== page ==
The simplest way to centralize your inventory is to use a multichannel management software, like ours. With an Excel-like bulk editor, our platform lets you easily manage stock levels across all of your warehouses and channels. Then, your inventory is adjusted automatically within minutes of every sale so that you don’t accidentally oversell.
By centralizing your inventory, our platform allows you to make changes to your stock with just a few clicks, no matter how large or spread out it is.
4. Schedule inventory auditing.
Even with great, systematized inventory management that reduces human error, manually checking your inventory is still a necessary practice. Relying on reports and software is wonderful for monitoring your stock on a day-to-day basis, but you also want to physically check your stock to make sure your inventory matches up with your current records.
There are a few key inventory management techniques to audit your inventory:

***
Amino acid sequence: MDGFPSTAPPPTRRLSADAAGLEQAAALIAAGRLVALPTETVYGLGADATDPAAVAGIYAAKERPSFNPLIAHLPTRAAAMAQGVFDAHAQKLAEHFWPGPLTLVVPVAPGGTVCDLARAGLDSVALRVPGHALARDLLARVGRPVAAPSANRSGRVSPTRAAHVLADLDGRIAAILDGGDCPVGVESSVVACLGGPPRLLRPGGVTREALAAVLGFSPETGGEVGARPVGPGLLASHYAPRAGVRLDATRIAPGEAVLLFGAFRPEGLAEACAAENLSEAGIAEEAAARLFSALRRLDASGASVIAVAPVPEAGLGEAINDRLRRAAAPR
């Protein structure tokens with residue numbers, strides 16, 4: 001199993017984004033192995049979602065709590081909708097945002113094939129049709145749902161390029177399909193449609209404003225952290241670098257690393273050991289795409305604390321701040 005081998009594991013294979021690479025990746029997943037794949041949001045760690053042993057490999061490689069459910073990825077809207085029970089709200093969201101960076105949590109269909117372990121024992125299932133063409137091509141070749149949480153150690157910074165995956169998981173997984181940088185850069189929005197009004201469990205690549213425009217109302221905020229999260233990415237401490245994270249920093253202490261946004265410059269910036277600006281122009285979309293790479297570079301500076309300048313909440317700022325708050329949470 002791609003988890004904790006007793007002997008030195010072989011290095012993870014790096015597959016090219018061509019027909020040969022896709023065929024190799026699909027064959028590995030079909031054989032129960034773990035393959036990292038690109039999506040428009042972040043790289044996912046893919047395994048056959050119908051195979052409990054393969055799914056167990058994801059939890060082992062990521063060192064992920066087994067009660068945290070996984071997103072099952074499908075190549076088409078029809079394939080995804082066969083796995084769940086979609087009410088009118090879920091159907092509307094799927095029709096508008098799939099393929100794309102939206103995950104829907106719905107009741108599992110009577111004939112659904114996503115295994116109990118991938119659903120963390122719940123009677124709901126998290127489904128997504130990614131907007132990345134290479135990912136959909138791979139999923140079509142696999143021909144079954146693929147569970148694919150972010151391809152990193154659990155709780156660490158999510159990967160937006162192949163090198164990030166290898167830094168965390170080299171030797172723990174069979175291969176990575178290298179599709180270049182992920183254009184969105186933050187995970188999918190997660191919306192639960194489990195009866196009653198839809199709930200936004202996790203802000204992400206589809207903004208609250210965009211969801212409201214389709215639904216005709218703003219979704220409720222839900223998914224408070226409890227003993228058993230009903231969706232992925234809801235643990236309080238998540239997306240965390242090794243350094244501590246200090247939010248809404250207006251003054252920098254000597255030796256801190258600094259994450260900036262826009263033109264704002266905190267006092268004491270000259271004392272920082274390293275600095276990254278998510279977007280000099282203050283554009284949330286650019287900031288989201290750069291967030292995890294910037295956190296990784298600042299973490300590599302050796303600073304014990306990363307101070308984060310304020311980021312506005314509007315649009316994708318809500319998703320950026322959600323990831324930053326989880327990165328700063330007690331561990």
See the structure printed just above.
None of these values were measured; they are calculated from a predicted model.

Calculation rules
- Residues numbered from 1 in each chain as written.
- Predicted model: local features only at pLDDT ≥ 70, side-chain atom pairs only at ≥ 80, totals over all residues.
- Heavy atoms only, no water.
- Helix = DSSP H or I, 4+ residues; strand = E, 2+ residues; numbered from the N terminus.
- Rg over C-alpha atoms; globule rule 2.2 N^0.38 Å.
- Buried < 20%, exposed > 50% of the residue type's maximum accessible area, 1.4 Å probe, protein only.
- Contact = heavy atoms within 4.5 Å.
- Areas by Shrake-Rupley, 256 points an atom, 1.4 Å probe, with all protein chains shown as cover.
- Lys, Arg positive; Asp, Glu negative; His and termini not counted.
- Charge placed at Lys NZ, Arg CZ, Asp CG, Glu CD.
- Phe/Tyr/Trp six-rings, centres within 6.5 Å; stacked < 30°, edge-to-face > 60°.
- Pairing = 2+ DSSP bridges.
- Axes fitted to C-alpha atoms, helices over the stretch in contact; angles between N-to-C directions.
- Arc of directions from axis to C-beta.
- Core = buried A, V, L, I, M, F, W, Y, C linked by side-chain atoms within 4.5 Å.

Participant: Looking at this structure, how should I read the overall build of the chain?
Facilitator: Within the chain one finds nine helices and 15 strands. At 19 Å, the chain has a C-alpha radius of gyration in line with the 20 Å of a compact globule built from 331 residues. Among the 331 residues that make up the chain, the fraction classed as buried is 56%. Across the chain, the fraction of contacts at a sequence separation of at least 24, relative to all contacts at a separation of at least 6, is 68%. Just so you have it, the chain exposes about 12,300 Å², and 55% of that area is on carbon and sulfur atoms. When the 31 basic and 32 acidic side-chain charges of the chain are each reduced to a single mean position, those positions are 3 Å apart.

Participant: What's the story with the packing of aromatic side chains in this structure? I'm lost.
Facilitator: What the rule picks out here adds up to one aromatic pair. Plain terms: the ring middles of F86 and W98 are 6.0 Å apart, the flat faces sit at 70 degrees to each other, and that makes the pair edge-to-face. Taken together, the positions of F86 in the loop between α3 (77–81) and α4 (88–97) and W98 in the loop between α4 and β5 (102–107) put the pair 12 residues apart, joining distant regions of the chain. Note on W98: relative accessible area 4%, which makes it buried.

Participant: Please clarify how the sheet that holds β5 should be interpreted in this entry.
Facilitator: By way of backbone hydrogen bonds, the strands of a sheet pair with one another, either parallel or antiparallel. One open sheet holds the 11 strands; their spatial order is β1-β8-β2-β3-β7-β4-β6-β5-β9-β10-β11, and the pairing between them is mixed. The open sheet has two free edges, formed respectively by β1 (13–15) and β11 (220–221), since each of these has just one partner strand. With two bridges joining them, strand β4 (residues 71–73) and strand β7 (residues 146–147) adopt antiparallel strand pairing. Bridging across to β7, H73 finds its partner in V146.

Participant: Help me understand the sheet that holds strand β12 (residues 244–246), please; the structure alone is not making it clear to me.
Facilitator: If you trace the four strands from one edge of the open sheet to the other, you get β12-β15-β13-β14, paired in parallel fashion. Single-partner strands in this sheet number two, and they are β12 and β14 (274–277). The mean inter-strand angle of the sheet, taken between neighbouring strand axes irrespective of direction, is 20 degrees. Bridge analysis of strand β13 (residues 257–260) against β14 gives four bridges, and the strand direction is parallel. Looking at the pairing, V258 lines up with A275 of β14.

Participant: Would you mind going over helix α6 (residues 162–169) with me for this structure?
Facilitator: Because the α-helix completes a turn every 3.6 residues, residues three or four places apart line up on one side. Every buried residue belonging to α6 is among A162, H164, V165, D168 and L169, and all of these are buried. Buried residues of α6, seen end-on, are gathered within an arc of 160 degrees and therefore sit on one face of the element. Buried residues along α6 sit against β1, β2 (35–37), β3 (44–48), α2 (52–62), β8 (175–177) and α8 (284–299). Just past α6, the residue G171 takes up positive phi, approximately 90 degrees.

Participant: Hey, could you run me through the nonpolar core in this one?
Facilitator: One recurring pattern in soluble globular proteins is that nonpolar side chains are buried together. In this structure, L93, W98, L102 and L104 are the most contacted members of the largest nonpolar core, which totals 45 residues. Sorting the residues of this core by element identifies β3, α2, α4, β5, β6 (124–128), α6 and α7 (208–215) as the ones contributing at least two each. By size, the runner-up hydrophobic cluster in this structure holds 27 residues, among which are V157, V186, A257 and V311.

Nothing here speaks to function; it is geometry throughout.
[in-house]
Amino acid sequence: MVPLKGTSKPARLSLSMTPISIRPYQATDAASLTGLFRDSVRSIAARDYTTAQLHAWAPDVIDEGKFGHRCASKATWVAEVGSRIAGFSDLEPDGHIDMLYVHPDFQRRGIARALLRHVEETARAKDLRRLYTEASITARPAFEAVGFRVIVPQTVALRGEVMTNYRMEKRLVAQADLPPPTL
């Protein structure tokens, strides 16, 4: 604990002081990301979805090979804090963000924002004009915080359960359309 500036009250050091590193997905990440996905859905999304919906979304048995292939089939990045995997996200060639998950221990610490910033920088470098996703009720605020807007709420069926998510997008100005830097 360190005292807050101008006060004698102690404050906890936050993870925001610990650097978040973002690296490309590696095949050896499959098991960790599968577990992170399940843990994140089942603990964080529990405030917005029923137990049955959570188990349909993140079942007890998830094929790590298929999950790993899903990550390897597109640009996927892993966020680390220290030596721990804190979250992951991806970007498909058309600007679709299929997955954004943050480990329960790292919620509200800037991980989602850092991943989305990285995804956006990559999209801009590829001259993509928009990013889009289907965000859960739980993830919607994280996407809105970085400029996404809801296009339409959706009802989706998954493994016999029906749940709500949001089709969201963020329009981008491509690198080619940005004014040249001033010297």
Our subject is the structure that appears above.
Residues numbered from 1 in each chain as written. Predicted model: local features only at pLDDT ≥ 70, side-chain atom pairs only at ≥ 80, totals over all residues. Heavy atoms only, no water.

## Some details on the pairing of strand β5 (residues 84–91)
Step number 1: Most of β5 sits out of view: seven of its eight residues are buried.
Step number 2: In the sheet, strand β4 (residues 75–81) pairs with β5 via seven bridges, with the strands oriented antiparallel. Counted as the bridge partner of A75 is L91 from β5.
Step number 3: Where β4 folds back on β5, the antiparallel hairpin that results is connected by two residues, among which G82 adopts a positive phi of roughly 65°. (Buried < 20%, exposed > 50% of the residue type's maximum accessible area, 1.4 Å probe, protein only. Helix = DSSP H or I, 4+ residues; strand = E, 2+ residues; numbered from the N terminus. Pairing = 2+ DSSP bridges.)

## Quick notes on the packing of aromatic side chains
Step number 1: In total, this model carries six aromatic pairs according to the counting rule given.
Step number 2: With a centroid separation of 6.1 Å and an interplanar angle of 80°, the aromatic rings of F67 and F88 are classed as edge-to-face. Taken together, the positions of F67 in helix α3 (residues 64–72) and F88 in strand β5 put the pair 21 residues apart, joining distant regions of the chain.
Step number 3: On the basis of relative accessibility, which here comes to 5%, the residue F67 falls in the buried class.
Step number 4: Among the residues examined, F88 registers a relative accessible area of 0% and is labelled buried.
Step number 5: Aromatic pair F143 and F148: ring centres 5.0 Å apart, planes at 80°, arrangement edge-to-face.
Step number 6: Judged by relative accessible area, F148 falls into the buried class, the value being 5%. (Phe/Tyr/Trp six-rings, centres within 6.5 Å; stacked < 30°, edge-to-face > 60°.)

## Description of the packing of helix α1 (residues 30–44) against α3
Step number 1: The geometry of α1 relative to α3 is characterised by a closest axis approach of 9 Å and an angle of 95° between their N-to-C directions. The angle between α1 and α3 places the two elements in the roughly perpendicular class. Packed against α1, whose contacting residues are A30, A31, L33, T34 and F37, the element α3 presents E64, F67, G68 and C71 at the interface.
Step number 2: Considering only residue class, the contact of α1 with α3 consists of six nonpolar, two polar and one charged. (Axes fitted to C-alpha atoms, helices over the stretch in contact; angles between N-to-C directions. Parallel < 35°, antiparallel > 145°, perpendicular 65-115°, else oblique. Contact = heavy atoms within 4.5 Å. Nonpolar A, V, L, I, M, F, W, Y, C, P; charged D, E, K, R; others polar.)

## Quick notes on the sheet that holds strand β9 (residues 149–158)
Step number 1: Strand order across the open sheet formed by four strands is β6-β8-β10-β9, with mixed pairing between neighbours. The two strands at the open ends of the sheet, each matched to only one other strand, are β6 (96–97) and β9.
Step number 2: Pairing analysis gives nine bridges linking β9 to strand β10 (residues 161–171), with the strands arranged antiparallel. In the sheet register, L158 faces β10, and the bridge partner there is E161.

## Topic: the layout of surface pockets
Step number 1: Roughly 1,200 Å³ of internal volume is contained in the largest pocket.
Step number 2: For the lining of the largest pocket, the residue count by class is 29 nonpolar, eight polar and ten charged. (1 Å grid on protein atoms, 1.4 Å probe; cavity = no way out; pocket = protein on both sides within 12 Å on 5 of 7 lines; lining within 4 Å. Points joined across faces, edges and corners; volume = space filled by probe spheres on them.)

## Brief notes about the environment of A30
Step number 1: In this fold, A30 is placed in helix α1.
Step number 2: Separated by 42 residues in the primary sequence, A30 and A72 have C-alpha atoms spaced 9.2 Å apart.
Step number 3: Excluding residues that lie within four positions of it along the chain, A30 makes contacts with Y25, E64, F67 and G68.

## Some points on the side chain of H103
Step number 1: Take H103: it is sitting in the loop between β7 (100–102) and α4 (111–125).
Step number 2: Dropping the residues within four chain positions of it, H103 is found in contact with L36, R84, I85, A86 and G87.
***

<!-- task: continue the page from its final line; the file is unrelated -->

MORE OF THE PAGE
- Full, yearly check: Annually, businesses will do an audit of their entire inventory, where they count all of their stock at once.
- Cycle counting: Rather than checking all inventory at once, companies will reconcile the inventory of different products throughout the year.
- Spot checking: To complement scheduled inventory checks, spot checking is when companies pick a specific product, count it, and compare the amount to what it’s supposed to be according to your records. Spot checking is particularly useful for products that sell quickly.
By physically checking and counting your inventory regularly, you ensure that your reporting is accurate and won’t lead to overstocking or understocking.
5. Use ABC analysis.
Some products require more attention than others. Using ABC analysis lets you prioritize the most important items in your inventory management and delegate the appropriate amount of time to monitoring each:
- A: High-value products that represent a small portion of the total inventory
- B: Moderate-value products that represent a decent portion of the total inventory
- C: Low-value products that represent the majority of the total inventory
For example, it would make sense to prioritize spot checks for A-level items over spot checks for C-level items, because overselling or understocking an A-level item would have a larger financial impact. A-level items make up a large part of your revenue and a mistake in inventory for those items would be more costly than for a mistake in the C-level items.